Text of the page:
• EEOC Issues Final Regulations Under ADAAA
  • April 1, 2011 | Authors: Stephanie J. Cebulski; William H. Fallon; Sarah K. Willey
  • Law Firm: Miller Johnson - Grand Rapids Office
  • Today, the Equal Employment Opportunity Commission (EEOC) published long-awaited final regulations interpreting the 2008 Americans with Disabilities Act Amendments Act (ADAAA).  The regulations take effect on May 24, 2011.

    The ADAAA significantly expanded the definition of “disability” so that the ADA applies to more - arguably the vast majority of - individuals in the workplace.  In particular, the ADAAA required employers to refocus their attention on their duty to provide reasonable accommodations to individuals with disabilities.  

    Although employers have been grappling with the ADAAA since 2008, the new regulations provide several important clarifications.  By way of example, the regulations:

    • Explicitly state that future ADA cases should focus not on whether an individual is disabled, but whether the employer complied with their obligations to provide a reasonable accommodation.

    • Reinforce that determining whether a particular impairment is a disability requires an individualized assessment.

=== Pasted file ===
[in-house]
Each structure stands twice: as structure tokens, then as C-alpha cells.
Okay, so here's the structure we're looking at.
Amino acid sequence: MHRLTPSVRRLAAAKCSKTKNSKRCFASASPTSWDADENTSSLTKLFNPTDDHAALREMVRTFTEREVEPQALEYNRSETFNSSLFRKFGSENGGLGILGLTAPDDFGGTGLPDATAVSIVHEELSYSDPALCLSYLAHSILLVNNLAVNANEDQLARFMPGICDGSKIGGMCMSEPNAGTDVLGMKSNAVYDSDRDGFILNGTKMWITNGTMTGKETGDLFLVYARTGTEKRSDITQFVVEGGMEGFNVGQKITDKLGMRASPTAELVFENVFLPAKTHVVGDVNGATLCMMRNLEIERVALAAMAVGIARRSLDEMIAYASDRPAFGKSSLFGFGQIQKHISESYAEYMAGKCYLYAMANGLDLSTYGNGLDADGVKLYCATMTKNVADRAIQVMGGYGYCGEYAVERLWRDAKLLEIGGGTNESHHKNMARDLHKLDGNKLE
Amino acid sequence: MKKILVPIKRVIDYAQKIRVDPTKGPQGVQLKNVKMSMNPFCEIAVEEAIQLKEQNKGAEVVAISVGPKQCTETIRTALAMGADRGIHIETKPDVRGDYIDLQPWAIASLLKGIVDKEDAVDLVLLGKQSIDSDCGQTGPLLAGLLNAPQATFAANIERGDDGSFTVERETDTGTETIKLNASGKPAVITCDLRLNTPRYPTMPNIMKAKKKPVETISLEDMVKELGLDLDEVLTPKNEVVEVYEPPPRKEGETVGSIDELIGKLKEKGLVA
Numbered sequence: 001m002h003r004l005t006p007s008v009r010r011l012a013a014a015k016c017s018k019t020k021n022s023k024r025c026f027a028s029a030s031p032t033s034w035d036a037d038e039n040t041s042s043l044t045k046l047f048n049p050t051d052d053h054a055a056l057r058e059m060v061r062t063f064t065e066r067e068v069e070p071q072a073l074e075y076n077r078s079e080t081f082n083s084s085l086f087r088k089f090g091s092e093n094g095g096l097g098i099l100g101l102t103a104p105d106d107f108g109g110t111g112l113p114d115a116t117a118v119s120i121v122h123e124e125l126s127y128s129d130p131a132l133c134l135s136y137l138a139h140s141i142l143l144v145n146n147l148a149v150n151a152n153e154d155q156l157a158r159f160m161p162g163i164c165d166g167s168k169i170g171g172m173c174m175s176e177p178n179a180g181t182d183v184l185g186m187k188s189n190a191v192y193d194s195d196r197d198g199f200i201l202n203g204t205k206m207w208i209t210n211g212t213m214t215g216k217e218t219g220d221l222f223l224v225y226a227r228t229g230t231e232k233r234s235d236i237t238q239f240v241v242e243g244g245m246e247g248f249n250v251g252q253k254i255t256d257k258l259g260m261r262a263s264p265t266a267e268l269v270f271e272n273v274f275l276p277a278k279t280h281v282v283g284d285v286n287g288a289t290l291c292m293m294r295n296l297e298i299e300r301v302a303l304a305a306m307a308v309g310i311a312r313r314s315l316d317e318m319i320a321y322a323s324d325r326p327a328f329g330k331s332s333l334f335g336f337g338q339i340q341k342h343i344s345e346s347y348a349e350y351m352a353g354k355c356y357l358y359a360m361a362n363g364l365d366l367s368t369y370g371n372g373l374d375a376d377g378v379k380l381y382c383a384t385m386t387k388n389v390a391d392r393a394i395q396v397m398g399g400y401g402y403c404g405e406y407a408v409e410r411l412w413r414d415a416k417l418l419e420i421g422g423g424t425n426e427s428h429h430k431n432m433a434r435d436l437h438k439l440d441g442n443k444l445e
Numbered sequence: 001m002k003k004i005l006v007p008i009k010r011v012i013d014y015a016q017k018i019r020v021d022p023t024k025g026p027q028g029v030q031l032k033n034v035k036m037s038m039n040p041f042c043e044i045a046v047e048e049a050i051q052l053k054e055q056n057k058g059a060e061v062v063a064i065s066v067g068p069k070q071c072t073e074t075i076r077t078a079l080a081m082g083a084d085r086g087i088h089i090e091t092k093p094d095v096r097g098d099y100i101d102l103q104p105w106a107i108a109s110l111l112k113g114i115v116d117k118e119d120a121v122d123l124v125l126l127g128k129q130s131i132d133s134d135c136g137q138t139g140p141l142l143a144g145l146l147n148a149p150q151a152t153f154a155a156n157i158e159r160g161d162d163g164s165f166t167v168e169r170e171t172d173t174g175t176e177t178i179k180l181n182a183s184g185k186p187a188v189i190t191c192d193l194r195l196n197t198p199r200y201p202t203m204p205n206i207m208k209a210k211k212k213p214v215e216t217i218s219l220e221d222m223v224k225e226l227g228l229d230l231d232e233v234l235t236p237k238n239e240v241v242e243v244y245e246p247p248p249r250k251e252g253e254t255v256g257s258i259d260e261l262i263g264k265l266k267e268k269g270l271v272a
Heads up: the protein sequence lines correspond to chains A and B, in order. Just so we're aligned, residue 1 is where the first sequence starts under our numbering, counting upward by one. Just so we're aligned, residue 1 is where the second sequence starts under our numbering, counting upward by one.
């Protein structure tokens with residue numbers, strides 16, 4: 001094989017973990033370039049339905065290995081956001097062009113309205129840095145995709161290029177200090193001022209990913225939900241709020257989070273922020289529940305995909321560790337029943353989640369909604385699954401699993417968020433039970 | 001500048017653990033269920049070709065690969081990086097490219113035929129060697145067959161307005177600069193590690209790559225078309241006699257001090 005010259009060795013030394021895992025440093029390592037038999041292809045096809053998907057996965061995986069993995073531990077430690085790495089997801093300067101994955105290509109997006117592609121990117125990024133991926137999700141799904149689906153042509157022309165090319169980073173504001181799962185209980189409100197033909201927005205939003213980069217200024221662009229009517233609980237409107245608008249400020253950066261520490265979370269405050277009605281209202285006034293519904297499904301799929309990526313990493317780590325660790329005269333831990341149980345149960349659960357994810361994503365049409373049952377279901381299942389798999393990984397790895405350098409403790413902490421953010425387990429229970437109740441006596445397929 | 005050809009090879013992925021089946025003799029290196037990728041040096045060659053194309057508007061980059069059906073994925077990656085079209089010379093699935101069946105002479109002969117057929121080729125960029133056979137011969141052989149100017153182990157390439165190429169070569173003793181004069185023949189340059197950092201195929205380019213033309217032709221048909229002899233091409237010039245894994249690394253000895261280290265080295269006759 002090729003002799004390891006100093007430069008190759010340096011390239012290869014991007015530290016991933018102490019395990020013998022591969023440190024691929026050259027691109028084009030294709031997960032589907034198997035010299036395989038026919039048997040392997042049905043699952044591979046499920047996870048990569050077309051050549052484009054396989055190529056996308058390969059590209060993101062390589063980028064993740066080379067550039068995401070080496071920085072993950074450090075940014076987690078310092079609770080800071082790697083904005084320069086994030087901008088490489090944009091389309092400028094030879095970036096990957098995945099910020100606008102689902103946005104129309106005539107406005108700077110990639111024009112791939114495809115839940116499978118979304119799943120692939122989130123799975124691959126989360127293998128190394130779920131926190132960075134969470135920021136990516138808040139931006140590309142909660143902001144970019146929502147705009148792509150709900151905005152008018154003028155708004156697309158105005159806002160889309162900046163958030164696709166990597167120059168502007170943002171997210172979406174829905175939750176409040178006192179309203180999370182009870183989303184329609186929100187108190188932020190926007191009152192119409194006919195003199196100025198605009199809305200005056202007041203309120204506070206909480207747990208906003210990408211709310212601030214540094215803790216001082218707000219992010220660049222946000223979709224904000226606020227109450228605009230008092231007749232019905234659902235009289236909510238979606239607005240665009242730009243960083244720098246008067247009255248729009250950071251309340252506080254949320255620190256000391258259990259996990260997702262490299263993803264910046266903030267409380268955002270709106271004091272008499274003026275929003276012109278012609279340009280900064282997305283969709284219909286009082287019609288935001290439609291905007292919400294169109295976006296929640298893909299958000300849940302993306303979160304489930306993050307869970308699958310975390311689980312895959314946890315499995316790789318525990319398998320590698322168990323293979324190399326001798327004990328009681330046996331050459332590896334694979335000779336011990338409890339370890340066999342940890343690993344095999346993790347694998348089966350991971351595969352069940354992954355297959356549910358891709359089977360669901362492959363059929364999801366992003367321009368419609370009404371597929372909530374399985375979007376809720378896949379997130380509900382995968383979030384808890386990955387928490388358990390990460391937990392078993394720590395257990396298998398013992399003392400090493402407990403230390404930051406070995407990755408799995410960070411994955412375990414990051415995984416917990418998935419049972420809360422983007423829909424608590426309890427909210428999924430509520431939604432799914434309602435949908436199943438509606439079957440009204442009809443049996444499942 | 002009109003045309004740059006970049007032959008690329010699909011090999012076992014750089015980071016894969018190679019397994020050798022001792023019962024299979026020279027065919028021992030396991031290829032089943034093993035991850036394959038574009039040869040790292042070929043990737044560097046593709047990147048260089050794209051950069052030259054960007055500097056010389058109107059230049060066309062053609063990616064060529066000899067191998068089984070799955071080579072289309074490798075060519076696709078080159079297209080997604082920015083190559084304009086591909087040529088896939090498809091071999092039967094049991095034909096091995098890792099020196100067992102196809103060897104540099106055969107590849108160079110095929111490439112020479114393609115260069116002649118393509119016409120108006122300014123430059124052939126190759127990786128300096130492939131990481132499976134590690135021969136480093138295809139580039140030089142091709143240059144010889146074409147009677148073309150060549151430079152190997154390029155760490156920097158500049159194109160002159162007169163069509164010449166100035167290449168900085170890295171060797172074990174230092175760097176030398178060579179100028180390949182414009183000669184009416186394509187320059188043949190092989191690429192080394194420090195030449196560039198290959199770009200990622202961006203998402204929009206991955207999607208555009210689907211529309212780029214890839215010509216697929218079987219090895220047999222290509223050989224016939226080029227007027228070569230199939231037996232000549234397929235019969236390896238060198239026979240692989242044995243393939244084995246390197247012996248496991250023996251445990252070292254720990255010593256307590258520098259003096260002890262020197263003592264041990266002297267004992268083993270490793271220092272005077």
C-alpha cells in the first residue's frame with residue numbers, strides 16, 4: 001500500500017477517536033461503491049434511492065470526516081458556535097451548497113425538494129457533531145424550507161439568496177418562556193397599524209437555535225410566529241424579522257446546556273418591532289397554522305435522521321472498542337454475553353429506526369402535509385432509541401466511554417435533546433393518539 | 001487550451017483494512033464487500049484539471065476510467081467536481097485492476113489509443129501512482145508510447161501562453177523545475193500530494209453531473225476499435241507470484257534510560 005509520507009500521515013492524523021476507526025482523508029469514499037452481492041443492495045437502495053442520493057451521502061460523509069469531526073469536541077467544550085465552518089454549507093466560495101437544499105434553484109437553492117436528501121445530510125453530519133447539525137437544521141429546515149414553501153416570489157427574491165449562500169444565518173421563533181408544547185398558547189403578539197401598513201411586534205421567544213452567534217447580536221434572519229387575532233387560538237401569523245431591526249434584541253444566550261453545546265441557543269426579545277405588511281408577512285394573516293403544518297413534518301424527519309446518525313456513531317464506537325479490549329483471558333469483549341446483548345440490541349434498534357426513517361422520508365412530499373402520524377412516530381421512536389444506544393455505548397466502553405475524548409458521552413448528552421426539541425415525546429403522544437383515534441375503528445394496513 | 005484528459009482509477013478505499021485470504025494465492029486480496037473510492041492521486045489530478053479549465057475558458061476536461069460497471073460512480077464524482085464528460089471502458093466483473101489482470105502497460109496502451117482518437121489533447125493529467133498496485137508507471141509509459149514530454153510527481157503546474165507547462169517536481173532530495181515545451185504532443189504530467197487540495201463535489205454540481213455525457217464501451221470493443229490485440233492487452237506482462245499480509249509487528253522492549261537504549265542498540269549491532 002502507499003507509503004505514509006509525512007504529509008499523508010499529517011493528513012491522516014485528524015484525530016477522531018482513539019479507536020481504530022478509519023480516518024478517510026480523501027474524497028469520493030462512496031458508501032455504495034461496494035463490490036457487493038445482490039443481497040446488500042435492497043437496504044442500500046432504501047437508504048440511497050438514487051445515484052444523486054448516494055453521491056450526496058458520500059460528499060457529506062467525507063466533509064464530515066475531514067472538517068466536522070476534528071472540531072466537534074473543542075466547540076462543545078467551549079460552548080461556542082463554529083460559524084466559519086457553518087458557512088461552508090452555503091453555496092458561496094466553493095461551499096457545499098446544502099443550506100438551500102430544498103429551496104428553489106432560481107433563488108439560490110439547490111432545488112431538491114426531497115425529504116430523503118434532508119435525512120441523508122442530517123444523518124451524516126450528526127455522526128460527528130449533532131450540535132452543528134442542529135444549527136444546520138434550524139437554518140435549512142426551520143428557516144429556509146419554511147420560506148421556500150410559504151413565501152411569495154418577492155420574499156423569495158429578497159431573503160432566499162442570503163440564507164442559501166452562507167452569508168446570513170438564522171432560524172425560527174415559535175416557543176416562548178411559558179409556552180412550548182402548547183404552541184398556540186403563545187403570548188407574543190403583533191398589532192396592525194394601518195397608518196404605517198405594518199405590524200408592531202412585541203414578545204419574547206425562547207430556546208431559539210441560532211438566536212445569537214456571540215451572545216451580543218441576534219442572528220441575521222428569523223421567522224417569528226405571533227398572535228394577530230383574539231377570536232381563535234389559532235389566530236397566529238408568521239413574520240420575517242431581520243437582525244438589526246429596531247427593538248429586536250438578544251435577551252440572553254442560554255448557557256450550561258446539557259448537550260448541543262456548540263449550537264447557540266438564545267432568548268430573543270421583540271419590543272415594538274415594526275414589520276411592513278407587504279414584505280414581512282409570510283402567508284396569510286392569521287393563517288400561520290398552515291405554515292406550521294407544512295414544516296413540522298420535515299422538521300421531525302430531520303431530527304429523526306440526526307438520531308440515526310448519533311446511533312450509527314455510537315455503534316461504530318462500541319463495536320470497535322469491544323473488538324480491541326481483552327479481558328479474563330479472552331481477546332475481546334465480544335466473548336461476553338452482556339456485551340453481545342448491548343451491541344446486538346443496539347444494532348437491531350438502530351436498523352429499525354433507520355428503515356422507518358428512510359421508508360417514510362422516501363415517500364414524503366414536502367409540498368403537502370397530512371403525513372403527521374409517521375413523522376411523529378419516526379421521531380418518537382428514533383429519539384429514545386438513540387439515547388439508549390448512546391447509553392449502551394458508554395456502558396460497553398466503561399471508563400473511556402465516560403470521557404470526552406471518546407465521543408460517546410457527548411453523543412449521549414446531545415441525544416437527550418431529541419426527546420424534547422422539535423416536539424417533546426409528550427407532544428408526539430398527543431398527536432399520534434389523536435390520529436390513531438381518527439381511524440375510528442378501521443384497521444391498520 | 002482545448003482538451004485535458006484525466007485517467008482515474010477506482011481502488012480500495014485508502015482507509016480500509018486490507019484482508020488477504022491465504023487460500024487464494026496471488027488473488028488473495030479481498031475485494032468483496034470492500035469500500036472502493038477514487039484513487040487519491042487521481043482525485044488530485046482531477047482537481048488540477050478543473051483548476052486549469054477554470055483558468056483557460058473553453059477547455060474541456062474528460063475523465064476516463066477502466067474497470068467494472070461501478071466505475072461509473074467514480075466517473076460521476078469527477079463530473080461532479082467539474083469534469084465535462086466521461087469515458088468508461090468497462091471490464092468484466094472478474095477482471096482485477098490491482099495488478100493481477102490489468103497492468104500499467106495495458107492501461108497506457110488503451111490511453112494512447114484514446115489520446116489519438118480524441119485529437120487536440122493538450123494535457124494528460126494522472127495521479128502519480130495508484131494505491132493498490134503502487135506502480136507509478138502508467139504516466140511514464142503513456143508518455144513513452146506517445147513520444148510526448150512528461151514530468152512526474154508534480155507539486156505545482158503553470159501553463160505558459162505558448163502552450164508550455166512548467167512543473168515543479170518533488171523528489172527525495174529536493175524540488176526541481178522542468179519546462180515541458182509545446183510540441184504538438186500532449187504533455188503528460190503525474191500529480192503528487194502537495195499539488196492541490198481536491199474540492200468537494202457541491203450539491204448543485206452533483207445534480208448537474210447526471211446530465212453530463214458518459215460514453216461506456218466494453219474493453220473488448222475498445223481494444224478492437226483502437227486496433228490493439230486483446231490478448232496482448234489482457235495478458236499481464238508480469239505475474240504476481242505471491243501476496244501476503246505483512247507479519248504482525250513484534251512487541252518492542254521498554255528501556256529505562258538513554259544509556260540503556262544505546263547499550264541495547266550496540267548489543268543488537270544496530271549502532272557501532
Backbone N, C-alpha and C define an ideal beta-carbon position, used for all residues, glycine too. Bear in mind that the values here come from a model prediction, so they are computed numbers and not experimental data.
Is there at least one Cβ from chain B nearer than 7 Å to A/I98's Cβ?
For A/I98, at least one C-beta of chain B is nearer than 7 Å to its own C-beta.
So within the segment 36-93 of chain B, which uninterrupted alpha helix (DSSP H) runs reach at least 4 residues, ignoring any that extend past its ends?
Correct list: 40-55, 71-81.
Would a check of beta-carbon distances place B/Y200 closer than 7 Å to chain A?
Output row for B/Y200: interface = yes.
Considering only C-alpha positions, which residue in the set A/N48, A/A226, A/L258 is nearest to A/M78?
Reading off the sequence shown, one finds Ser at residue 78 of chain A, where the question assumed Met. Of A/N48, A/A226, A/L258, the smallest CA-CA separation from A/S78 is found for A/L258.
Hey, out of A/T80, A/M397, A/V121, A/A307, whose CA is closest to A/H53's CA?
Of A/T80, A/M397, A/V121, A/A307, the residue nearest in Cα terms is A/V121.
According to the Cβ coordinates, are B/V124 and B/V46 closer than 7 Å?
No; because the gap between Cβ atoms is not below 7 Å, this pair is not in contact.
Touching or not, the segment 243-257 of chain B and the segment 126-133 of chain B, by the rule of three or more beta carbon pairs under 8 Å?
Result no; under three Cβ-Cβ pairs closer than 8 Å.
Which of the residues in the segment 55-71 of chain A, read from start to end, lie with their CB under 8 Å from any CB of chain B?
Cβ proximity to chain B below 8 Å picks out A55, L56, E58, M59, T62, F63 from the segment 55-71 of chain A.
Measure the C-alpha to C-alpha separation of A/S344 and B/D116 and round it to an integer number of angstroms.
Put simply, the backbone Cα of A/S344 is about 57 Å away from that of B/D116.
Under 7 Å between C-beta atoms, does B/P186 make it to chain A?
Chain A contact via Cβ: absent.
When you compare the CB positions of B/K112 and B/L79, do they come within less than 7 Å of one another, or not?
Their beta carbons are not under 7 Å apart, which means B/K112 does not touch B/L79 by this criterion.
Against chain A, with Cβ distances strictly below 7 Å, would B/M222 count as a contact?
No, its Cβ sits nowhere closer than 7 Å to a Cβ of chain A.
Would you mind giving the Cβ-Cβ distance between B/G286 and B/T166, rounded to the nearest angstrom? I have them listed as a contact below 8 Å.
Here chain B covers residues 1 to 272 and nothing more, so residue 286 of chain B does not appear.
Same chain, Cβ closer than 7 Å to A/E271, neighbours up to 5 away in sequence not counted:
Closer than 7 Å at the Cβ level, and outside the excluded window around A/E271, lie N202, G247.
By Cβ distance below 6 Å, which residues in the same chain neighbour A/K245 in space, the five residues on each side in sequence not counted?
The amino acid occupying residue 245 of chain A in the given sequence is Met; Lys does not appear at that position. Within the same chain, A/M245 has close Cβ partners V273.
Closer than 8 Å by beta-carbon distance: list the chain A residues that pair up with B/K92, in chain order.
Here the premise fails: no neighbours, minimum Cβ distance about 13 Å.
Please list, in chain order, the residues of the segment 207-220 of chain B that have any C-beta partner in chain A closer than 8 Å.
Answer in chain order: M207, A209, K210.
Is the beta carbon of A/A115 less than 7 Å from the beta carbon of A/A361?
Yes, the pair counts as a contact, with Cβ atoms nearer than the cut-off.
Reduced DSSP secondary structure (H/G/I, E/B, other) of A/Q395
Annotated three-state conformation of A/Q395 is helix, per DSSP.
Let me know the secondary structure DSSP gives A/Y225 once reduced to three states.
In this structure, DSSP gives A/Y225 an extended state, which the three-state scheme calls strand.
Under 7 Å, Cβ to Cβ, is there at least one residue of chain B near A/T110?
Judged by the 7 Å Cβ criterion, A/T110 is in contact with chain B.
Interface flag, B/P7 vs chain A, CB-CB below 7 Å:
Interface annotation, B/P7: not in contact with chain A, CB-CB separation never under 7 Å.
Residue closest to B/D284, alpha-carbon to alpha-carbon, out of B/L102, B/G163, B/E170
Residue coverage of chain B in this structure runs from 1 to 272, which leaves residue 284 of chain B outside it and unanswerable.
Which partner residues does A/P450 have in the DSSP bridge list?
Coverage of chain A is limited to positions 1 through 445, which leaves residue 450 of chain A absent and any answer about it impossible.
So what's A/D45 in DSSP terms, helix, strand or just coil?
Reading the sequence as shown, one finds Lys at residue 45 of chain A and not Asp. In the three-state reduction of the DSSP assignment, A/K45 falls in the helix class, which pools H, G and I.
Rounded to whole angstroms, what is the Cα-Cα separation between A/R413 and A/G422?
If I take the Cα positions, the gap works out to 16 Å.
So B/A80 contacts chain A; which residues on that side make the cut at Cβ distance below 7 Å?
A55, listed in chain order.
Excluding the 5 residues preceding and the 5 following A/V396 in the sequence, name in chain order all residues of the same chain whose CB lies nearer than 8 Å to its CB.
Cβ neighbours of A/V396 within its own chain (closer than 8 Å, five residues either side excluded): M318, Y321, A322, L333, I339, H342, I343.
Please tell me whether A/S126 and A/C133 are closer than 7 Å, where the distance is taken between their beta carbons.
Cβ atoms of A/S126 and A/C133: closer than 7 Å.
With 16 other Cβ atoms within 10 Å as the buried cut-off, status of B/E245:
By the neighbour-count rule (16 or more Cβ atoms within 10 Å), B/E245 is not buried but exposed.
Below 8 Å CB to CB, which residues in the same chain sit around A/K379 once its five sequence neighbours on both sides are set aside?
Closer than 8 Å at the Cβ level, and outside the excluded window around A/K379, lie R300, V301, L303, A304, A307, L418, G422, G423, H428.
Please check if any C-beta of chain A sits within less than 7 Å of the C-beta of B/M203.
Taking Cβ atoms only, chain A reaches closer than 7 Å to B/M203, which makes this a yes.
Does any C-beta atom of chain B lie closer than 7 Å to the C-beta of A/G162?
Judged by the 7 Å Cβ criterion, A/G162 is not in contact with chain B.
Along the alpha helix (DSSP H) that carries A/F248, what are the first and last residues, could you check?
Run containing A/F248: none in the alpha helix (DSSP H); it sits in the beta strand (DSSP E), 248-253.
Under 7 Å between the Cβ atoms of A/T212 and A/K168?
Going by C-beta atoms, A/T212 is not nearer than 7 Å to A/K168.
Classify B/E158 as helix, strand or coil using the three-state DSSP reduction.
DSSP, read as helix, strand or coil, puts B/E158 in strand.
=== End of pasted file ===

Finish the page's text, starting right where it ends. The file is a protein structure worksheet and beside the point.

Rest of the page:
• Provide nine rules of construction to guide the analysis of whether an individual is disabled.

    • State that some impairments will virtually always be disabilities.  Those impairments are epilepsy, diabetes, cancer, HIV infection, and bipolar disorder. 

    • Require employers to treat an impairment that is episodic or in remission, such as cancer, as a disability if it would substantially limit a major life activity when active.

    • Add sitting, reaching and interacting with others as major life activities. 

    • Clarify that a disability “discrimination” claim does not require an actual “disability,” but can be based on any impairment that is not both “minor and transitory.”

    This is an excellent opportunity for employers to revisit their policies and procedures for compliance with the ADA and the new regulations, and to ensure they are prepared to manage the reasonable accommodation process as now required.